The Montreal-based printing company announced the US$133-million acquisition of U.S.-based Capri on Tuesday after reporting net profit increased almost 10 per cent to $17.2 million in its fiscal first quarter despite a decline in revenue.
CEO Francois Olivier said the acquisition of Capri, which provides plastic packaging for cheese and fresh pasta, diversifies Transcontinental's holdings and will add to revenues.
"Printing is not a growth business and media is a transformation business," Olivier said after the company's annual shareholder meeting.
"Packaging for food is evolving, but there's no such thing as a digital transformation and there's growth every year."
Transcontinental is Canada's largest printer and publishes more than 30 magazines including Canadian Living and Elle Canada, as well as books and flyers. It has a network of community newspapers in Quebec and the Atlantic provinces and online portals such as AutoGo.ca and JobGo.ca, and is the owner of the Metro weekday daily in Montreal and co-owner of Metro Halifax.
The company also prints newspapers such as Montreal La Presse and the San Francisco Chronicle under contract.
Transcontinental is also the leading door-to-door distributor of advertising material such as grocery store flyers in Canada, with Publisac in Quebec and Targeo in the rest of the country.
Olivier said the company's printing expertise will help it succeed in the printed plastic packaging business by putting "ink on plastic instead of paper and finishing the product."
"The only thing we have to learn in the next couple of months and years is the raw material. Paper is very different from plastic."
Other companies such as Domtar also have diversified offerings as the Internet disrupts businesses models and consumers use less paper. The pulp and paper company now produces diapers and adult incontinence products.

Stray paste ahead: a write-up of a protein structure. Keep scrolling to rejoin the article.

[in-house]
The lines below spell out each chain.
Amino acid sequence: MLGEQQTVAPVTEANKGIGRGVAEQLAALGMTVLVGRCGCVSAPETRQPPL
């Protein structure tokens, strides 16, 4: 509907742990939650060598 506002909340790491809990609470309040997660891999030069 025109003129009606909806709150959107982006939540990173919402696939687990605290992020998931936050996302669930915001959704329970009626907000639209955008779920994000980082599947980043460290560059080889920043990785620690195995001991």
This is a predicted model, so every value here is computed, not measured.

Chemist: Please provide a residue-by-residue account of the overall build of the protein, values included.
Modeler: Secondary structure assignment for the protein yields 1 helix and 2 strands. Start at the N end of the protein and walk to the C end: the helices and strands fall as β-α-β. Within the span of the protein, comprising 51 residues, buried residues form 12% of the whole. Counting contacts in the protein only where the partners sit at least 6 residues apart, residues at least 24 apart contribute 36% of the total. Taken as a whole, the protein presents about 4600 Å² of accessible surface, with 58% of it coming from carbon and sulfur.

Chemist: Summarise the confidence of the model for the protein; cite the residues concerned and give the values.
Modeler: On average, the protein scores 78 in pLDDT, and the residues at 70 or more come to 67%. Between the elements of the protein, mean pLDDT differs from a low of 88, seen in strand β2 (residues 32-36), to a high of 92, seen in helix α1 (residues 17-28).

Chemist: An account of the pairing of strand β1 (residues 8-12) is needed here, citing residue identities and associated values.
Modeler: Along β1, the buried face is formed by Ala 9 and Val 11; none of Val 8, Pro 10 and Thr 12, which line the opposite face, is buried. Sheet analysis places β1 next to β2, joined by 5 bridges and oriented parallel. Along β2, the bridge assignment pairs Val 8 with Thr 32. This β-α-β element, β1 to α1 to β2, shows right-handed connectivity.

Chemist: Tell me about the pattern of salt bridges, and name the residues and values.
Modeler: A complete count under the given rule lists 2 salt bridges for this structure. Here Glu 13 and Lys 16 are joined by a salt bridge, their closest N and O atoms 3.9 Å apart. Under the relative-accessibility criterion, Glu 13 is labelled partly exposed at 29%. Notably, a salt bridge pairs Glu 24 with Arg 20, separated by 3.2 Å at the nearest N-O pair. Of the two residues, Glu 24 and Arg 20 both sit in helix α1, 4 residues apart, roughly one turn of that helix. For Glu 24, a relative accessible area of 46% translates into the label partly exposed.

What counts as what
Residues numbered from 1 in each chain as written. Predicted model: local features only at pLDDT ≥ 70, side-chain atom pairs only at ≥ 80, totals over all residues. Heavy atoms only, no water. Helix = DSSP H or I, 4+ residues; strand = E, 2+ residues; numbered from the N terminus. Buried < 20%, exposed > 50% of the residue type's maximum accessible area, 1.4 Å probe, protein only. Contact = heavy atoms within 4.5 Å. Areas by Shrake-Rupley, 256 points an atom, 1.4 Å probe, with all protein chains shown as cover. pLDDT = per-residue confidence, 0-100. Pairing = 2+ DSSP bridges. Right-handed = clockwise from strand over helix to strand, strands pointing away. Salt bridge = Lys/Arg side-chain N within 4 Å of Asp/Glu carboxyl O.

Transcontinental could eventually make more acquisitions in the packaging business, said Olivier, noting the market is fragmented between big and small players.
"We're not in a rush to do that. We want to learn the business," he told analysts later on a conference call.
Capri Packaging is a division of Schreiber Foods Inc., a US$5-billion, employee-owned dairy located in Green Bay, Wis.
Under the deal, Transcontinental will acquire two plants in Clinton, Mo., which employ about 200 people and generate roughly US$72 million in annual revenue.
Schreiber Foods Inc. has signed a 10-year agreement with Transcontinental to secure Capri Packaging as a strategic supplier of its printed flexible packaging, which represents about 75 per cent of Capri's total revenues.
In Transcontinental's printing division, Olivier said the company recently signed contracts to print the Calgary Herald and the Vancouver Sun, owned by newspaper chain Postmedia Network.
In its media division, the advertising market has been soft for about the last five years, Olivier said, but the situation should start to improve over the next year.
Also on Tuesday, Transcontinental (TSX:TCL.A) announced it will increase its quarterly dividend by 10 per cent, bringing it to 16 cents per share and raising the annual dividend to 64 cents per share from 58 cents.
The company's revenues fell to $499.3 million from $525.6 million in same year-earlier quarter, due primarily to the soft advertising market.
Net earnings applicable to participating shareholders grew almost 10 per cent to $17.2 million or 22 cents per share from $15.7 million or 20 cents a year earlier, boosted by lower expenses but partially offset by higher income taxes compared with the first quarter of 2013.
Adjusted net earnings remained stable at $26.4 million, or 34 cents per share, as did adjusted operating earnings, at $43.5 million. The company attributed those results in part to changes to the company's cost structure and the positive impact of the loonie versus the U.S. dollar.
RBC Capital Markets analyst Haran Posner called Transcontinental's quarterly results "a little soft" but added that the acquisition of Capri Packaging was consistent with its goal of diversifying and using its experience in manufacturing.
Shares in Transcontinental closed down 53 cents or 3.52 per cent at $14.52 Tuesday on the Toronto Stock Exchange.